Max Capps Goes For Top Speed At L’Ultime Descente
Four years ago, Mischo Erban was the fastest man on a skateboard for the 2nd time. With no invites out to other riders for Mischo’s speed runs, some expected skate drama unfolded. I know a select few riders were definitely chomping at the bit for the chance to show that they could go as fast or faster, but didn’t have the same opportunities worked out for themselves individually. Fast forward 4 years and Erik Lundberg posts a faster time early in the season for a Red Bull stunt on the same hill, but this time everyone was going get their chance to post up at the Top Speed Challenge / L’Ultime Descente out in Quebec, Canada.
I was stoked to get my chance and dialed in for the trip, when I get a text on Wednesday the week before the race from Tim Del. The Red Bull Donner race scheduled for the very same weekend had fallen through and he was going for a last minute hail mary to Top Speed. Dude got his plane ticket, a box of fancy wheels, a new board and toys for the race in 2 days and was at my house in Indiana Monday before the sun came up on a red eye flight. I sent Key Dougherty a text that we were about to get ‘Tim Del swooped’, a regular occurrence for us.
Quick nap later and we went to the Drag Races in Indy, what better way to get ready to go as fast as possible than watch dragsters do 300mph in 4 seconds. We awoke the next day, continuing the stoke, only to find out about Kyle Wester going 89mph in Colorado. I’m sure you’ve seen it by now but…
The news took some wind out of my sails for sure and I know others felt the same. Different hill, and another solo shot at the record, it didn’t stop us from being excited for the event. We knew we had a chance to take Kyle head-to-head in Canada, but the bar for world record speed was definitely re-set at the final hour. Regardless, the stoke was flowing for the trip and the wrench fest was well under way. We put the finishing touches on our boards and chatted about which wheels we thought were going to be the fastest. I was extra stoked because Tim brought me a present, Rogers Brothers Flywheel hub covers, epic OG Southern California race tech. This race was also the perfect place to bust out an aerodynamic board I made many months before. We spent most of Tuesday lurking and admiring our setups as I packed the car. [Read about some of my Chop Lord experiments here.]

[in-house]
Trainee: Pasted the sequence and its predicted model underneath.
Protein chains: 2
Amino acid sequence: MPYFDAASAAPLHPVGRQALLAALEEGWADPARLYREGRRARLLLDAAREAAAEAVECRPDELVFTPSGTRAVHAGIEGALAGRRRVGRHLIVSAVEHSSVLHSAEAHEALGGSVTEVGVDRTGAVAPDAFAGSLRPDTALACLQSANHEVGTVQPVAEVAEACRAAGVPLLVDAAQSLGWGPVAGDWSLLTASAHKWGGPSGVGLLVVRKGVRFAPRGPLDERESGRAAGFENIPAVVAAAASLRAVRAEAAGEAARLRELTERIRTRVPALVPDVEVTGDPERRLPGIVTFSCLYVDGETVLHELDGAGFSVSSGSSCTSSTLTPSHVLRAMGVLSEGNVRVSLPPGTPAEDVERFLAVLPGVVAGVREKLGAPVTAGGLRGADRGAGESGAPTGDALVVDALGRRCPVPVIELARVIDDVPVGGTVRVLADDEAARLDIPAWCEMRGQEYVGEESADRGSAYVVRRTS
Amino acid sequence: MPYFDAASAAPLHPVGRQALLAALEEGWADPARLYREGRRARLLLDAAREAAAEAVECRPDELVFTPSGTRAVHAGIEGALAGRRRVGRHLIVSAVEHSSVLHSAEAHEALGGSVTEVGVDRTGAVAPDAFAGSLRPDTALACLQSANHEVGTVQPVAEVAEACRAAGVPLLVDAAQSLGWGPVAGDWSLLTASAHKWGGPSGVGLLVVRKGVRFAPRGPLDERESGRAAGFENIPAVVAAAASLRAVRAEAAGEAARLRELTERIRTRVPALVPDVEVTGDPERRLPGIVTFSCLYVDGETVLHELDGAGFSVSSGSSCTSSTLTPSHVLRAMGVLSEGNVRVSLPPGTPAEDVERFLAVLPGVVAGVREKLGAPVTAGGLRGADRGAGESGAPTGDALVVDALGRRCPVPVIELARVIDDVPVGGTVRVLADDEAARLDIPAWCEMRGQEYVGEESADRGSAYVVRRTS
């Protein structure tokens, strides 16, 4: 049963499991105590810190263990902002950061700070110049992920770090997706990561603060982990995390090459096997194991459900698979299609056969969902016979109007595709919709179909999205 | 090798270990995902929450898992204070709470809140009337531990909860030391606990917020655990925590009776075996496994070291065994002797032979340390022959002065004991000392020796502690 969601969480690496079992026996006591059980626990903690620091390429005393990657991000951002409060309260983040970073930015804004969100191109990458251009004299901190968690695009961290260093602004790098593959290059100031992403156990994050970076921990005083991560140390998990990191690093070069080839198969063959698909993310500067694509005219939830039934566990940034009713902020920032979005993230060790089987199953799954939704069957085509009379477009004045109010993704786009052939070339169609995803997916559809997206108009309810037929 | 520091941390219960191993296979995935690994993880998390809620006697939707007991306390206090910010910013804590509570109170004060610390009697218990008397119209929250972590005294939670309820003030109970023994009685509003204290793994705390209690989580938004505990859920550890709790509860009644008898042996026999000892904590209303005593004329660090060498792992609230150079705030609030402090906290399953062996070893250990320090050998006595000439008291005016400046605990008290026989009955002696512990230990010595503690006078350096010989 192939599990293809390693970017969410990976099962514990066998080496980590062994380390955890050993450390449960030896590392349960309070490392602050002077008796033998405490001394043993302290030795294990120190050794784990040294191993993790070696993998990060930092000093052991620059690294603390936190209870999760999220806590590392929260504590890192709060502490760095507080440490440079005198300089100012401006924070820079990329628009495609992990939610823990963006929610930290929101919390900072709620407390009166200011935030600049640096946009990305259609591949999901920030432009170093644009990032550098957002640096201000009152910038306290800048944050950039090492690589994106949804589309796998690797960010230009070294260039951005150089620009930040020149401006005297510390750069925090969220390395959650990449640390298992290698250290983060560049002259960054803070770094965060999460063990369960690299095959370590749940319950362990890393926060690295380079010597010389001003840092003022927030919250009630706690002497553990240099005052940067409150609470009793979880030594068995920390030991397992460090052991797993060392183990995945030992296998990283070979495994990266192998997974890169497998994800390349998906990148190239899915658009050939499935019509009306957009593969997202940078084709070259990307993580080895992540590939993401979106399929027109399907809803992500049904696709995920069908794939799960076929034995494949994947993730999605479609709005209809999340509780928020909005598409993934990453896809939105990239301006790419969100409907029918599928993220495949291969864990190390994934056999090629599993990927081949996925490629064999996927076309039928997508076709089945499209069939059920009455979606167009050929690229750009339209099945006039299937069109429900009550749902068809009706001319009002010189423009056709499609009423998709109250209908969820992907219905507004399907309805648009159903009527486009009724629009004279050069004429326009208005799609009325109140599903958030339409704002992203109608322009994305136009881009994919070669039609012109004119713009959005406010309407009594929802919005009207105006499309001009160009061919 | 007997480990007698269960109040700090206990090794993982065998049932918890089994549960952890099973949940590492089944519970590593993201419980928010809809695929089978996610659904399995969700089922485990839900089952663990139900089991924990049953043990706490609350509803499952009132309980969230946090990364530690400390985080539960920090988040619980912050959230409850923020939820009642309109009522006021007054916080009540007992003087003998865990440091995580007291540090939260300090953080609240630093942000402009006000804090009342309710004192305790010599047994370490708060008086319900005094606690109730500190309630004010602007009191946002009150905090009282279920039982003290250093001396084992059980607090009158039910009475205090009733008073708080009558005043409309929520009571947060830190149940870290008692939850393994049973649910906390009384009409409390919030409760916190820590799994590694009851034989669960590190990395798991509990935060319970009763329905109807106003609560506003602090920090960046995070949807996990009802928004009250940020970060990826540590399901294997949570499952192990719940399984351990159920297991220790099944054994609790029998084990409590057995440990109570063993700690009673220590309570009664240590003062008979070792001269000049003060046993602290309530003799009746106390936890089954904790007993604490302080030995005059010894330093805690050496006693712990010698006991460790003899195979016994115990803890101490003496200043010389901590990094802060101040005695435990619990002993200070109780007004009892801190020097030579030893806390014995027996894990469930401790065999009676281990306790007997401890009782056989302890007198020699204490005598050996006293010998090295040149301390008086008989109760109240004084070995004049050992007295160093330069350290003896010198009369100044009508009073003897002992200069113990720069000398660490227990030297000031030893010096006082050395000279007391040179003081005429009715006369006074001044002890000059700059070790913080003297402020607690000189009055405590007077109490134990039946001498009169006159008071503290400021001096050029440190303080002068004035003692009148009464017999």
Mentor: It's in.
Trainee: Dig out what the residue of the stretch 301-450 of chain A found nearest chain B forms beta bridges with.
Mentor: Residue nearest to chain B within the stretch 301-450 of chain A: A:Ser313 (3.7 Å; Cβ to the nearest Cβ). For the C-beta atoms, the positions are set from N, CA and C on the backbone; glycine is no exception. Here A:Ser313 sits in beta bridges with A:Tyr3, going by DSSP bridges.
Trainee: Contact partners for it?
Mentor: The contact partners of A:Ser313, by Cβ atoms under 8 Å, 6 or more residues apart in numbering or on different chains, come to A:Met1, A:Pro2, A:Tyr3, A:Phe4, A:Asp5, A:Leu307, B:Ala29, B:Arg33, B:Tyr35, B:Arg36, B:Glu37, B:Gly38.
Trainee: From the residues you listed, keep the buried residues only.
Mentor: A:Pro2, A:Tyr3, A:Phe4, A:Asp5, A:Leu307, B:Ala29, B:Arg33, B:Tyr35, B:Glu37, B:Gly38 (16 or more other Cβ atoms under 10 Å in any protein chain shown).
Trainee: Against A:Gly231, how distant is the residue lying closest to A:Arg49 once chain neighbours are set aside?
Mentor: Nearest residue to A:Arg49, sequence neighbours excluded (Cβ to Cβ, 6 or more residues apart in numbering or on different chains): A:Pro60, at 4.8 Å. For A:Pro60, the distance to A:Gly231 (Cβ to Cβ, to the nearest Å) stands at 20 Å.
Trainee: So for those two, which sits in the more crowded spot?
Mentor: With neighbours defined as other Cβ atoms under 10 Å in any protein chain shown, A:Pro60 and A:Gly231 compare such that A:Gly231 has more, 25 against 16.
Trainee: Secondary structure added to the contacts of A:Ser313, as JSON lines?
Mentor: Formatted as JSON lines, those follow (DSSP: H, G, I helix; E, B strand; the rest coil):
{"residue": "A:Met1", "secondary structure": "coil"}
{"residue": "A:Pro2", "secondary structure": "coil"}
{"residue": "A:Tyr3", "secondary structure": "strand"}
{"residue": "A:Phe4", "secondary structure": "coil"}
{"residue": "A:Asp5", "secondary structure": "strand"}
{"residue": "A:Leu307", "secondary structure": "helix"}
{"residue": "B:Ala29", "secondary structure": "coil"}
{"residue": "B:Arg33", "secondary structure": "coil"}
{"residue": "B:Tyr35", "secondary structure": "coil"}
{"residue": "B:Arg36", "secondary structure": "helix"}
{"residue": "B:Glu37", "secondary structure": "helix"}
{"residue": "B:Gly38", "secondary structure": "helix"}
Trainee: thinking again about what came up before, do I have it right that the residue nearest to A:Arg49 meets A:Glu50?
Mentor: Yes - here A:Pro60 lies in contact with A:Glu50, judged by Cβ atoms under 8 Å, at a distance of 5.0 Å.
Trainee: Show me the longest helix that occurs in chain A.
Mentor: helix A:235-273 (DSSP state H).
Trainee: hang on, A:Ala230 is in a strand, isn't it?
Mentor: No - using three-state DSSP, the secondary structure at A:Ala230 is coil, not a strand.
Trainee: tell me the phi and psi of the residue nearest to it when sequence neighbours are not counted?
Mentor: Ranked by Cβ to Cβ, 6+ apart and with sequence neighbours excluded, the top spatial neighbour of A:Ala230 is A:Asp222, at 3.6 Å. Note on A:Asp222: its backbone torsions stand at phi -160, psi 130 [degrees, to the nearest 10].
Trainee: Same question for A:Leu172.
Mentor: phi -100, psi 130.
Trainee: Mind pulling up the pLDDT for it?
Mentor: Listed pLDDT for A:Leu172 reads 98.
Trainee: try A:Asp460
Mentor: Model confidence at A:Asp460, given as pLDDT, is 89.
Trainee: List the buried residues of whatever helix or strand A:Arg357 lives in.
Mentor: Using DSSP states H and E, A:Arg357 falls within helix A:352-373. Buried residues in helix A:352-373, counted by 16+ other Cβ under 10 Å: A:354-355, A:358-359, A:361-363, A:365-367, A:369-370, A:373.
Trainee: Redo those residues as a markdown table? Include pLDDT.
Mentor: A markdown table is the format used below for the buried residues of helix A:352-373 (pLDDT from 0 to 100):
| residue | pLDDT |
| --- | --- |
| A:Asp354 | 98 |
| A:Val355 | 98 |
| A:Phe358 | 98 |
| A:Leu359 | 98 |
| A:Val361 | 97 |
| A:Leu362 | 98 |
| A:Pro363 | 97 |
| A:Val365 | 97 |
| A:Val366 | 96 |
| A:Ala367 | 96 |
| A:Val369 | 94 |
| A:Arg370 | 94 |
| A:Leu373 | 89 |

Mom, Tim and I left early Wednesday to mash through the 13 hour drive from Indy to Montreal. Fellow 9 baller Tristan Taillon was kind enough to shelter us for the night and show us what real poutine is. Thursday we hit the road to Quebec City to pick up Key Dougherty from a rainy airport and then to the hill. I don’t know how he did it but he had the biggest aero-lid I have ever seen with him in tow, other skaters were on similar flights and had a good chuckle trying it on curb side.
First stop was the hill, we had to see it. As we crept around the top sweeper you could see the road completely fall off and the only thing to see over the crest was water from the St. Lawrence River. It was all laughs as we drove down, trying not to burn up the brakes from how ridiculously steep the road is.
Quebec is as French Canadian as it gets; everything is in French, everyone speaks French, it was practically France to us. This made for a funny lunch trying to convey our orders to an extremely patient and nice waitress who only spoke french, damn American tourists not knowing the local language! ha ha.
We were the first to show up at the weigh and sign in, no one else would show up till later due to travel. Each of us took our turns on the scale to place us in our weight categories, 150lbs+ and 150lbs-. A few beers and foosball games later, it was time to unpack and get some sleep after way too much car time. Like the weigh-in, our earliness greeted us with a ghost town at a children’s summer camp. We would be taking it over for the weekend. It was dorm style with tons of rooms that contained tiny bunk beds, it was actually pretty rad. By the end of the night not many had shown up still, so we passed out for the night. The next morning was very different.
Friday morning it was still raining, but the place was bustling with competitors who had shown up late in the night or early that AM. When the rain stopped the show began. Everyone was in the parking lot showing off their toys for the race; aerolids, body fairings and tails, boards and setups. Stoke was bubbling as the road dried up and people began suiting up for first runs.
The run is gradual, there is time to get comfy before the big drop. You kick in and get it together for a 45mph+ right sweeper, straighten back out and lean as hard as you can on your front foot for the drop. You reach top speed very quickly, and try to maintain and increase it the whole way down. The hard part is not letting 80mph of air have its way with you. Its trying to pull you up and off your board the whole time, being solid was key. There is a slight warp in the road just before the speed trap that gives you a good shake, the right line of the road was not ideal to be on. Just after the trap a huge concrete center divider starts and you are shot into a right sweeper around it for the run out. This sweeper is no joke, you can’t just stand up and slow down, you would get peeled right off your board like a sail. Managing your speed while trying to make this 70mph sweeper and not hit the wall was sketchy.